The road to Recovery and Transcendence can be a long and winding. The hilly, sometimes slippery places, twist and turn with the terrain, demonstrating that we must do this on the road’s terms.

Rules of the Road.

When we choose the road, we must follow its edicts and accept the consequences of that choice.

When we get to a fork in the road, the more difficult choice is probably the correct one.

Beliefs and Strengths.

It’s important to be ever vigilant and honest about what got us here in the first place. Our beliefs, thoughts and feelings, our family, our environment and social learning all play a part. They form our maps of reality.

Even the VAK language we use, our self-talk, each plays a role. These are strengths and resources. There is a Language of Recovery.[1]

This is important to know for both the explorer and the guide. Both subjectivity and objectivity matter.

The subjective experience of the explorer (or client) must be respected. The same rules apply here as do the Rules of Haiku. The objective witness or guide must respect the other’s subjectivity, meeting them where they are at on the journey.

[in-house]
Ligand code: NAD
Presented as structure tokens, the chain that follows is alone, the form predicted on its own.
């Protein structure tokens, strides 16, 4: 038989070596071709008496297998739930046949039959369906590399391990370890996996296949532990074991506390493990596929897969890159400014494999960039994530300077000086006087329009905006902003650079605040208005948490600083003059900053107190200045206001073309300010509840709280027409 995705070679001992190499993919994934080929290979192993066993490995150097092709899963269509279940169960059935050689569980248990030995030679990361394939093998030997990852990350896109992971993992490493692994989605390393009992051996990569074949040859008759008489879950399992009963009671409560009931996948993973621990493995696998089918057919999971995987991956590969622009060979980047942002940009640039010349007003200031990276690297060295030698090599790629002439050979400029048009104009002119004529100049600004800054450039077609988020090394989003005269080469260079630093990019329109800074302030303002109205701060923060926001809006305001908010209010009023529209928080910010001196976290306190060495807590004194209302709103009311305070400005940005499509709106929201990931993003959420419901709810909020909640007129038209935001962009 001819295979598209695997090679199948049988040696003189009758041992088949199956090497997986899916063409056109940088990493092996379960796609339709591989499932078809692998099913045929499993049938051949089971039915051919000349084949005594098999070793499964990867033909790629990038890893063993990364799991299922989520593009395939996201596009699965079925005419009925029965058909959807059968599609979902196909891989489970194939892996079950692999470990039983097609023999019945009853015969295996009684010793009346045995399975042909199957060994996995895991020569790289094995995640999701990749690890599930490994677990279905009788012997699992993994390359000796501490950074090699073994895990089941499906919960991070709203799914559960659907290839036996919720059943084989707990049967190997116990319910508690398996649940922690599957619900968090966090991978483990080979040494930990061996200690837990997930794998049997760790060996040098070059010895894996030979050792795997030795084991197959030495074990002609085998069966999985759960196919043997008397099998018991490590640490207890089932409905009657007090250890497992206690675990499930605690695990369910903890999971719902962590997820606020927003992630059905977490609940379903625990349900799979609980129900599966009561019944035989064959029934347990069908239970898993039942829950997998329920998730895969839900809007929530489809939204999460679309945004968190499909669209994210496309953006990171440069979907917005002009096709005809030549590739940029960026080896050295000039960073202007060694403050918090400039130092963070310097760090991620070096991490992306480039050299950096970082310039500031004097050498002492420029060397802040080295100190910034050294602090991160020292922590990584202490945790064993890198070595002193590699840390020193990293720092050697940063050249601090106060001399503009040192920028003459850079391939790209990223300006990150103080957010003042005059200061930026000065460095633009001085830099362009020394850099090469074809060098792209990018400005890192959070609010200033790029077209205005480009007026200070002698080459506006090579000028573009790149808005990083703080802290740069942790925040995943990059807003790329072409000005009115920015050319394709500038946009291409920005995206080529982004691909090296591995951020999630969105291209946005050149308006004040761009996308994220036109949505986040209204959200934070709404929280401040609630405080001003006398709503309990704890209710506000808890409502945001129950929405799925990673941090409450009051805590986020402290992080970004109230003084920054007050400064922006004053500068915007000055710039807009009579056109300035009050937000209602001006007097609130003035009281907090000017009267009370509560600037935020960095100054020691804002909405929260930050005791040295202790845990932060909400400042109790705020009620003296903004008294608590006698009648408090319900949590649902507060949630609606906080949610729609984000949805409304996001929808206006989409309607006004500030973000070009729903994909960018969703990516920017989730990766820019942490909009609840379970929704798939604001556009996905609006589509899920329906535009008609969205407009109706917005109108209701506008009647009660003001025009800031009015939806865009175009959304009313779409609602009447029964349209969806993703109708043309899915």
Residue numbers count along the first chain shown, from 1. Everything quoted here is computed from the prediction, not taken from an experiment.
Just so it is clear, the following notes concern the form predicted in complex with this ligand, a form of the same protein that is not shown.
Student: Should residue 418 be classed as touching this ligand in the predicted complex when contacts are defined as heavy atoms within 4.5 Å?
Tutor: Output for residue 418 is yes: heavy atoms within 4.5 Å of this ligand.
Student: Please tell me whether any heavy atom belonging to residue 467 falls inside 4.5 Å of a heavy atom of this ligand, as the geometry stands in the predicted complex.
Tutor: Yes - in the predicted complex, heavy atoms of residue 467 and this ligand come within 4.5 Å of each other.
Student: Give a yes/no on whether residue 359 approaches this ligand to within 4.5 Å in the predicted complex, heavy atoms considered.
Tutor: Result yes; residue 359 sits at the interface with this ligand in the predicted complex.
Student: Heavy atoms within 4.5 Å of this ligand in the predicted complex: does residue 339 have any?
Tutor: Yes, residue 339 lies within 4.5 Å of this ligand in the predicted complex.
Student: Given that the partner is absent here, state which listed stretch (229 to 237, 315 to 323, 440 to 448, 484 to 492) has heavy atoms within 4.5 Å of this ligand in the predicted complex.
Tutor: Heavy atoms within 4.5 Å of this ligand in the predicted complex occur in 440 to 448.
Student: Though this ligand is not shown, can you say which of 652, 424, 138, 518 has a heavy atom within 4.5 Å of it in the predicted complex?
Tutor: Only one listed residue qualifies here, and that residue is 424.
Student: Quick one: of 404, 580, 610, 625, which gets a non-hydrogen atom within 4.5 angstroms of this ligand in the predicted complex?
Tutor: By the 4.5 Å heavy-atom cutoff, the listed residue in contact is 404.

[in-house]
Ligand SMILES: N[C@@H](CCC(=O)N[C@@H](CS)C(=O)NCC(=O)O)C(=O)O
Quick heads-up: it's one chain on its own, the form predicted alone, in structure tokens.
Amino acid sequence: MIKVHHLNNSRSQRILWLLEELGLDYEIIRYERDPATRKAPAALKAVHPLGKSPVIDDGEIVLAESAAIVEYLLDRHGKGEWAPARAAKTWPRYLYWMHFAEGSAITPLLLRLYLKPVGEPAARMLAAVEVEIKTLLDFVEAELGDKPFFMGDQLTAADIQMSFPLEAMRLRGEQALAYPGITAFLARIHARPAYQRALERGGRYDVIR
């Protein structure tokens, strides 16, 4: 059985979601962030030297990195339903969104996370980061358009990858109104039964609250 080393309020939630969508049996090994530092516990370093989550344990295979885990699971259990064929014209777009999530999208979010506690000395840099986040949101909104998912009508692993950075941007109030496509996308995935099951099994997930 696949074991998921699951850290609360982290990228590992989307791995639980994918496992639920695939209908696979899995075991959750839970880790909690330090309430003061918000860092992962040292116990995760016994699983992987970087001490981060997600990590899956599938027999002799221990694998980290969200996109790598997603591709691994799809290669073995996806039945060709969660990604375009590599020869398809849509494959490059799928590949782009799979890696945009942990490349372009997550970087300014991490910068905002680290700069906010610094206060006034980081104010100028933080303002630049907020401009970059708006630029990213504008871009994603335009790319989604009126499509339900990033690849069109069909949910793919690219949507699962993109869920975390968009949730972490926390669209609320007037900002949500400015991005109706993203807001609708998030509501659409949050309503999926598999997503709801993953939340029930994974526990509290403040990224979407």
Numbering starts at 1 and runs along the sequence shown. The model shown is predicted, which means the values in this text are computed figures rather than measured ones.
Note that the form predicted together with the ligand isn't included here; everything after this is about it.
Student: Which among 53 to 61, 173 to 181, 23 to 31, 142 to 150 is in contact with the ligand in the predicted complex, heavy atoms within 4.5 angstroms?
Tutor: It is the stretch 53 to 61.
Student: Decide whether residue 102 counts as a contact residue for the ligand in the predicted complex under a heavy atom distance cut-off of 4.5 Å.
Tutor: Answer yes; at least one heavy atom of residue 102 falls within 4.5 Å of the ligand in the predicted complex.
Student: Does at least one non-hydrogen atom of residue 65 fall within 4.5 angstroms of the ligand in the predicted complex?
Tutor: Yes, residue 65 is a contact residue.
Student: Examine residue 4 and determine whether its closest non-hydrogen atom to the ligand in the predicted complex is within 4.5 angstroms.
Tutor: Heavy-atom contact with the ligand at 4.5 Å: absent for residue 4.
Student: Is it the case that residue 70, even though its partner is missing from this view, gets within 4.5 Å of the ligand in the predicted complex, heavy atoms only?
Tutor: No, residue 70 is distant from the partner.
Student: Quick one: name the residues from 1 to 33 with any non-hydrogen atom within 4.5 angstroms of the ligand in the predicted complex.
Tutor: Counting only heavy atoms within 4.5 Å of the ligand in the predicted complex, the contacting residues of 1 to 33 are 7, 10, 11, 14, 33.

“Froze subjective nouns

Ignore kind transitive verbs

Transcendence denied.”

Counselors, in the role of linguists could keep in mind the 12 verbal clues[2] or expressions that disclose the roadblocks that keep the explorer stuck. Have you ever been stuck in mud, snow or ruts?

Nominalizations can be huge clues about where the explorer is stuck. Substituting action verbs can create the tow truck motion in the mind of the traveler. Ah! Transcendence.

[1] Drug Court Treatment: The Verdict, Chapter 10, p.95

[2] Criminal Justice and Addictions Counseling, NAADC Approved Provider #192679, CEUs, p.25